About this Issue
Note from the Editors
Robert Koch relates the sensational events that occurred a century ago during the year of 1894. There were confrontations and there were innovations. Edison demonstrated motion pictures, and in Rochester the New Mechanics Institute that eventually became R.I.T opened. Dr. Koch was professor and chair of Language and Literature at R.I.T. from 1950 to 1970.
Jim Dierks invites you to a party on your kitchen table to recreate in paper the historic McCay-Balcom house that has stood fronting Pulteney Square in Bath for 175 years. His invitation continues on to the center pages where his drawings and directions enable you to construct a miniature facade of the house. Jim has been making similar paper projects as Christmas cards for some years. Usually a train or trolley is the subject. He is a very active member of the New York Museum of Transportation near Rush.
Richard Palmer shares more history about the Bath & Hammondsport Railroad. This time he writes about locomotive Number 11. Robert Groman of Baldwinsville, New York, furnished the photographs of No. 11. Dick Palmer is a regular contributor.
Paul Worboys provides other installment from his series on the chautuaqua era. In this issue, he tells of the time when William Jennings Bryan came to speak at the chautauqua meeting in Honeoye Falls. Paul Worboys lives in Honeoye Falls.
Warren Hunting Smith provides the concluding chapter of his book about Primrose and Candida Elliot and other Genevans who lived along Main Street sixty and more years ago. The Elliot sisters were patterned on real persons, but could anyone be more real than the characters Warren Smith revealed in The Misses Elliot of Geneva? His book was published in 1940 when he was 34 years old.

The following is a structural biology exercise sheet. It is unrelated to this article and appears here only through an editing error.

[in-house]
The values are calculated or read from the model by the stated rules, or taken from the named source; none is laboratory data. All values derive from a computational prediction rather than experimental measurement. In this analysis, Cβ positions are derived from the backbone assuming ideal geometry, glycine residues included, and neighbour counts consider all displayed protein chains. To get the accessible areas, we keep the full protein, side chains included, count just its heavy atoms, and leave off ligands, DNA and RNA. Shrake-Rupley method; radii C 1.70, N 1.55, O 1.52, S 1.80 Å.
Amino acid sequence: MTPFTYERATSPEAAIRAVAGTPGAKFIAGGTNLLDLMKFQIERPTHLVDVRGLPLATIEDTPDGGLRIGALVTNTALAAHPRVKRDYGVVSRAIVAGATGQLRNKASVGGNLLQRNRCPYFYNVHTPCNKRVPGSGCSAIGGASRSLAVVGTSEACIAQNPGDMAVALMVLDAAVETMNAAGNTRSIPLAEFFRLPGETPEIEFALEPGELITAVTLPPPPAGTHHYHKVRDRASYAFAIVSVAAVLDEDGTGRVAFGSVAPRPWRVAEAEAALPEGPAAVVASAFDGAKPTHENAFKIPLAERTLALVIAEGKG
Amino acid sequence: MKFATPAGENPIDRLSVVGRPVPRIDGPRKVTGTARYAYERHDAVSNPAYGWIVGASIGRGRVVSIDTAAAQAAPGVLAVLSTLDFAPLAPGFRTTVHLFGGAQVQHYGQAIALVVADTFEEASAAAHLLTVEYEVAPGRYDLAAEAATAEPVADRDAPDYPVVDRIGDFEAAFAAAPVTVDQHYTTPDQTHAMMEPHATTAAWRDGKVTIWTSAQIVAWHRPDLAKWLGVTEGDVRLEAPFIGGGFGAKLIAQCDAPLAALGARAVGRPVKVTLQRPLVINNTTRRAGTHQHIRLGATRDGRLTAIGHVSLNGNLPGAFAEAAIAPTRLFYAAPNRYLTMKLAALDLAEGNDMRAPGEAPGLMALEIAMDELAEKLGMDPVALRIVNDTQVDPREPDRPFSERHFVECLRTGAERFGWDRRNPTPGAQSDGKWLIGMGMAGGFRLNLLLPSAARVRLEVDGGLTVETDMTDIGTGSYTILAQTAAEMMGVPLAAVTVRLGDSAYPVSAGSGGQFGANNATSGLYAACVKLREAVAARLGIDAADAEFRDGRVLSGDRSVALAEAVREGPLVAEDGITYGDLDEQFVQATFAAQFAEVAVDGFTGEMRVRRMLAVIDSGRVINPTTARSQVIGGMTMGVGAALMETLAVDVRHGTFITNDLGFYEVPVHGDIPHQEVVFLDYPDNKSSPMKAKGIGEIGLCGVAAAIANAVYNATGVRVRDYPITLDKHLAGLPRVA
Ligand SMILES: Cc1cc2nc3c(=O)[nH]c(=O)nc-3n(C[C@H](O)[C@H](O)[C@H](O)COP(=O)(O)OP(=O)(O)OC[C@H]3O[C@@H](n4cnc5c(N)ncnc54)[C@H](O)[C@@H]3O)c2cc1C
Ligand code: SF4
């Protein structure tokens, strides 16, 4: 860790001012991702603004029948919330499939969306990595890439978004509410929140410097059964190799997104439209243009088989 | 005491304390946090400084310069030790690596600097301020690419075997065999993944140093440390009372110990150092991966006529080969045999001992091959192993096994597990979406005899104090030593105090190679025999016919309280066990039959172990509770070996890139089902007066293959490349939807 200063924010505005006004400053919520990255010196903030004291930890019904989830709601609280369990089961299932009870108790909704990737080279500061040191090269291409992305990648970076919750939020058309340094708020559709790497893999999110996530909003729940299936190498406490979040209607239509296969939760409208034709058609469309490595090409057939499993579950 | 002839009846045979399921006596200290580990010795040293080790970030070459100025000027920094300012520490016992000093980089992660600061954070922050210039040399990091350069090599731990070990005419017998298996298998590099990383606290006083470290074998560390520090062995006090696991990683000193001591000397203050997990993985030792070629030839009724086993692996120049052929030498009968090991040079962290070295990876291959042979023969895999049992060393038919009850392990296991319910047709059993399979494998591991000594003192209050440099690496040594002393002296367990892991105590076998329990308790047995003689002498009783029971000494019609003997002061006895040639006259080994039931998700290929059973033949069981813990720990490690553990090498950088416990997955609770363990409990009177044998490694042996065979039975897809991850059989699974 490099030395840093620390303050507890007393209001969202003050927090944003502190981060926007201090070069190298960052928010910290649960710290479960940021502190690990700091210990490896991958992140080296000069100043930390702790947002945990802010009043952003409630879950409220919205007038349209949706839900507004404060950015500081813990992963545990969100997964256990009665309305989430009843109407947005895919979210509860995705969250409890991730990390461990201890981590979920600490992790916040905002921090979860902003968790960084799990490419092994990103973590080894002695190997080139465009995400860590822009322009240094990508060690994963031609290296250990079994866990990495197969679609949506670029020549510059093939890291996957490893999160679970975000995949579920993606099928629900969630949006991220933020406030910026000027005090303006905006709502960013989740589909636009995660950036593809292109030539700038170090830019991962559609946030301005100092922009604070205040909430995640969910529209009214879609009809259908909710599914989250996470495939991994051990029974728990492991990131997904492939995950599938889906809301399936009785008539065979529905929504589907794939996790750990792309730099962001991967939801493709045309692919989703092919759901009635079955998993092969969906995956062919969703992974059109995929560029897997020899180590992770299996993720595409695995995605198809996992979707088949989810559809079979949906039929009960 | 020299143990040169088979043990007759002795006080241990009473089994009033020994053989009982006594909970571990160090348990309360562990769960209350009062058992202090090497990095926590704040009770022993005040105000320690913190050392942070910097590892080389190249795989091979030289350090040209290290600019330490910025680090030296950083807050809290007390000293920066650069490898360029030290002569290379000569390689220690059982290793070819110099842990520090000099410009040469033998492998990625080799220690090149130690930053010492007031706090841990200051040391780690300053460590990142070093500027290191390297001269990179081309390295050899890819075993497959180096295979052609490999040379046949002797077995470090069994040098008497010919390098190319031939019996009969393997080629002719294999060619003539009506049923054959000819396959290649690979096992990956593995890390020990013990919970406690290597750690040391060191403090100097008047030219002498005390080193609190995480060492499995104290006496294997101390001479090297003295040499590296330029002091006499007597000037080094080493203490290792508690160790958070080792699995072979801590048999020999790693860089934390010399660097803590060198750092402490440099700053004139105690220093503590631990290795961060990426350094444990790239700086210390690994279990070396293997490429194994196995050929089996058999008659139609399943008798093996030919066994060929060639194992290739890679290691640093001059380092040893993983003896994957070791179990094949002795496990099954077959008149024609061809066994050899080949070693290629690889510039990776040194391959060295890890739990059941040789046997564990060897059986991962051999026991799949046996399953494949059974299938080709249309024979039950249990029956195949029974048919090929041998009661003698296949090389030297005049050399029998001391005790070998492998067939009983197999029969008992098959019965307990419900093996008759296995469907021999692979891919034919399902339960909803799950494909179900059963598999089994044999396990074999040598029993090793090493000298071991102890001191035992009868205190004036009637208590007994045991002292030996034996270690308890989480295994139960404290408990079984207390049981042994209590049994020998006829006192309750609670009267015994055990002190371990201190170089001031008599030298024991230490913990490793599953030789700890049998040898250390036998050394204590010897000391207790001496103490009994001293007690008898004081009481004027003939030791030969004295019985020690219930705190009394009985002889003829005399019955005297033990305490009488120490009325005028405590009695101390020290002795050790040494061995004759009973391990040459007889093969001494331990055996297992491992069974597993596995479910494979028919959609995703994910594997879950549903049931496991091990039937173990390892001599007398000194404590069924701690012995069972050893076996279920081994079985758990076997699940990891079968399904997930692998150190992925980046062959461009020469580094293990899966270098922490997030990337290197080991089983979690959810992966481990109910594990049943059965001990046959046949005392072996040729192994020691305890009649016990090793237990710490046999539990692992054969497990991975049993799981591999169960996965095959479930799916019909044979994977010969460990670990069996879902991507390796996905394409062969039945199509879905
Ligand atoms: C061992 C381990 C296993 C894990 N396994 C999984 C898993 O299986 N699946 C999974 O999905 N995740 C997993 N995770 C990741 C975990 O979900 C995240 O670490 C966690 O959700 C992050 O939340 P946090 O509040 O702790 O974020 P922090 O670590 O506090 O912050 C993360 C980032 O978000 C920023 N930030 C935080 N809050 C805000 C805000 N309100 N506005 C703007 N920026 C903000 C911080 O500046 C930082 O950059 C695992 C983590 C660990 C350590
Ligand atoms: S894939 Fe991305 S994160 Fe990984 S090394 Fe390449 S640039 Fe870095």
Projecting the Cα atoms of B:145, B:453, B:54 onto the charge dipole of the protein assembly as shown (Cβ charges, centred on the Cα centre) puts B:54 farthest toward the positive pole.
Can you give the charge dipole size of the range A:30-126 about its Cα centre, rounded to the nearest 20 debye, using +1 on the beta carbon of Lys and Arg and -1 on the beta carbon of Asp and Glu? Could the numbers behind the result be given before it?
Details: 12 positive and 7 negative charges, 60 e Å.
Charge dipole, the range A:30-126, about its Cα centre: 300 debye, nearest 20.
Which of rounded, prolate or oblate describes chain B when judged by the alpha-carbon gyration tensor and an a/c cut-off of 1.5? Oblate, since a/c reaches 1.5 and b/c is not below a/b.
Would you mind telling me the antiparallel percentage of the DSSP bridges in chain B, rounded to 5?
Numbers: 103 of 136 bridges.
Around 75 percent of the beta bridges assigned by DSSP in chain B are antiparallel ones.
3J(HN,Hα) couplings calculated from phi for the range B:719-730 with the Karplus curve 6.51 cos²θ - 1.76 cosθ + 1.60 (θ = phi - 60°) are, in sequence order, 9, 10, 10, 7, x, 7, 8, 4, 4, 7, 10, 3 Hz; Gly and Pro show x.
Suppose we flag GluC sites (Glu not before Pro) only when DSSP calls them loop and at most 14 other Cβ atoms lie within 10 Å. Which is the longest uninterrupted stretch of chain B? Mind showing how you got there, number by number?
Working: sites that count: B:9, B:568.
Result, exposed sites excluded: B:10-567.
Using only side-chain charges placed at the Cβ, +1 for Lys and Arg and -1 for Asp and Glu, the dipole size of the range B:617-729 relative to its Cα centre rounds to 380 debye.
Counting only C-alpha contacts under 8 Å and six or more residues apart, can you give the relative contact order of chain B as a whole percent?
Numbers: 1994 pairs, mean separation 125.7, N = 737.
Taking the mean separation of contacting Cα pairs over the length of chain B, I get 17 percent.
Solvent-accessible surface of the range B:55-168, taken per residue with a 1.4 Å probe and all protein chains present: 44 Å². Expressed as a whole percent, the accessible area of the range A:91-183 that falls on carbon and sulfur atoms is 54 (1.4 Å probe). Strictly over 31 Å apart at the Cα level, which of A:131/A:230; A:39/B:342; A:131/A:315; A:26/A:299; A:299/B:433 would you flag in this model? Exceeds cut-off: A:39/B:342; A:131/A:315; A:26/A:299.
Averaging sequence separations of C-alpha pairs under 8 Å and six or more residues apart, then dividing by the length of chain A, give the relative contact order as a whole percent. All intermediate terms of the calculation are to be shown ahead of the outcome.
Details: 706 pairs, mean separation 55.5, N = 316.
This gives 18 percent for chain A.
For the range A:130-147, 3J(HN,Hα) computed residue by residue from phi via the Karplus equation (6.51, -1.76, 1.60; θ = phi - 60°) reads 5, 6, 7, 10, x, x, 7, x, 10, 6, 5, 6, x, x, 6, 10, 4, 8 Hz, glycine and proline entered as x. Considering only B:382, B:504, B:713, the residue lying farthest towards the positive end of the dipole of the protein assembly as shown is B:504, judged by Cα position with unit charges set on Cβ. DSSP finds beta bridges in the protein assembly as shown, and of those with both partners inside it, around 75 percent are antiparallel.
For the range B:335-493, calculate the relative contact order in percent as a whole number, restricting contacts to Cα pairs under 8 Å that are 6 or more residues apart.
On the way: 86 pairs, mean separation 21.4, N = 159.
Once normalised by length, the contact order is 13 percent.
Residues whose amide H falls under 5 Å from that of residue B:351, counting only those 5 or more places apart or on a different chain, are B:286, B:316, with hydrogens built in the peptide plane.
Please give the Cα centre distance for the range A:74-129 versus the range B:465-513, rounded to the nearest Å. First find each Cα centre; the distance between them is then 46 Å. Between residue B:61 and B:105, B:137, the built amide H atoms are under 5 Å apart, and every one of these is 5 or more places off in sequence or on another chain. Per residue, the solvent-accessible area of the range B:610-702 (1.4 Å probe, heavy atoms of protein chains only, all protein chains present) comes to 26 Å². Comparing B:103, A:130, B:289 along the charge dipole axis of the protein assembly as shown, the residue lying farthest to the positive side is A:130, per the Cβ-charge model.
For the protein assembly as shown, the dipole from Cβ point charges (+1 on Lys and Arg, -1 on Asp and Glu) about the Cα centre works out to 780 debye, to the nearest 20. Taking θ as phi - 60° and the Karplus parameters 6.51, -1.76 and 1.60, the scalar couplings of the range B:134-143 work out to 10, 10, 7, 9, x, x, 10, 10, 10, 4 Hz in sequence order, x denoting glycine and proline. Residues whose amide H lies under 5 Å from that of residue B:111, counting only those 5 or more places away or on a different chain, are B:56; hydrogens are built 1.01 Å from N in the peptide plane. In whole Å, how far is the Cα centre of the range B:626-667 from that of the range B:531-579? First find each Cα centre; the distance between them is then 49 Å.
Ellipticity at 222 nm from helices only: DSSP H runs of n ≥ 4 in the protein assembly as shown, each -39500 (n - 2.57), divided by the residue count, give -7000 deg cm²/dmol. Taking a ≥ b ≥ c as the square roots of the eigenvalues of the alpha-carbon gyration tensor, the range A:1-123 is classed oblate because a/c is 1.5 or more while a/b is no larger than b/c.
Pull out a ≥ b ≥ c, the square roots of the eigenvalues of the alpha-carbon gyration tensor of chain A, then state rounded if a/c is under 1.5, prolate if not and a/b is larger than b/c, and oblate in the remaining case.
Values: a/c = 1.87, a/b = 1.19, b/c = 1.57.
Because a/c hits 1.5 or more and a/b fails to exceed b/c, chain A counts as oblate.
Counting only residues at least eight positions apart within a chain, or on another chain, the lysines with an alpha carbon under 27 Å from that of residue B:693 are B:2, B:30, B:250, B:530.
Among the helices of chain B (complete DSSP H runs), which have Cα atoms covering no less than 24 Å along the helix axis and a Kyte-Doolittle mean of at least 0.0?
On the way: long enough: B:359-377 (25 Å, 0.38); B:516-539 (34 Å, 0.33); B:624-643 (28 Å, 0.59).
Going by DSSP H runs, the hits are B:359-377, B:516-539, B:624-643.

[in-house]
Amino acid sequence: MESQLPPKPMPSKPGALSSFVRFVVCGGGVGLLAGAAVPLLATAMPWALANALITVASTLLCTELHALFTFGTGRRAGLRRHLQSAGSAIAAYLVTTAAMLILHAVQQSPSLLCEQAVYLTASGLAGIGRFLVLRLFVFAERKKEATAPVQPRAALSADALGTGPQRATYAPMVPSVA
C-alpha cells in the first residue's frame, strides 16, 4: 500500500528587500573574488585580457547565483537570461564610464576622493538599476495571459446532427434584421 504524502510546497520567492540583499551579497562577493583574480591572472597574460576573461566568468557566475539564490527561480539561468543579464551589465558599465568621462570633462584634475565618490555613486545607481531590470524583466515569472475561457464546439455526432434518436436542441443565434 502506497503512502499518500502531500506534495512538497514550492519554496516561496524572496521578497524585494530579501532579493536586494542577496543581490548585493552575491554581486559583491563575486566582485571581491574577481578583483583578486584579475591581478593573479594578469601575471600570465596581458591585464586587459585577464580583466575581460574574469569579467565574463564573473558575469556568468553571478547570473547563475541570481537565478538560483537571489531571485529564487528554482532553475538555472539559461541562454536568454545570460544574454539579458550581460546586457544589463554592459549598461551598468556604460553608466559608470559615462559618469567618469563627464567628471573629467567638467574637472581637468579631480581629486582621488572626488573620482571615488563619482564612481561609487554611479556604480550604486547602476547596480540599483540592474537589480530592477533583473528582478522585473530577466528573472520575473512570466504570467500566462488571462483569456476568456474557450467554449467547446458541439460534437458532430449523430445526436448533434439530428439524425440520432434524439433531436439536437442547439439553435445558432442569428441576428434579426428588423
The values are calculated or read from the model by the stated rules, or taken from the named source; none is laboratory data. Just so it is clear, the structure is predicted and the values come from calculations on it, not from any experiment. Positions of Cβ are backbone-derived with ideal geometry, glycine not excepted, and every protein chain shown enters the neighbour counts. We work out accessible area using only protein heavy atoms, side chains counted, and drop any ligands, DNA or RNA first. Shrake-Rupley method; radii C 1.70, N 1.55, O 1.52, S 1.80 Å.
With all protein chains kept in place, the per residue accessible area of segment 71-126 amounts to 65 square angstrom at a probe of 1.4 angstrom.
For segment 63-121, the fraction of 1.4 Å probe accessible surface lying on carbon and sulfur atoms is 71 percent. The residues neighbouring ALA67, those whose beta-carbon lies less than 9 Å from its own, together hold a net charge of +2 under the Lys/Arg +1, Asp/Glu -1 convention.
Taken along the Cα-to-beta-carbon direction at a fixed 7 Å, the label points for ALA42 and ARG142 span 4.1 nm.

Our issue this month concludes with the diary of Cornelius Younglove for December 1826. He missed recording one day that month. At the end of one entry he wrote, "Most lost the day." Evidently he felt he hadn't accomplished enough. His great-great-great grandson Leonard Paul Wood of Pleasaant Valley has preserved his journals.
The January issue will again feature a genealogy course by E. R. Van Etten. This year it will be his fifth year 'teaching' us, so the course title is Genealogy 501. "Bim" Van Etten is the lead volunteer in the genealogy section of Steele Memorial Library in Elmira. Occasionally he conducts a series of classes there for people getting started in family history research.
Cornelius Younglove's diary will continue through January 1827.
Striking the Tents for the Last Time, the final segment of the chautauqua series by Paul Worboys, and more memories from along the south end of Keuka Lake by Robert Anderson will be in the January issue.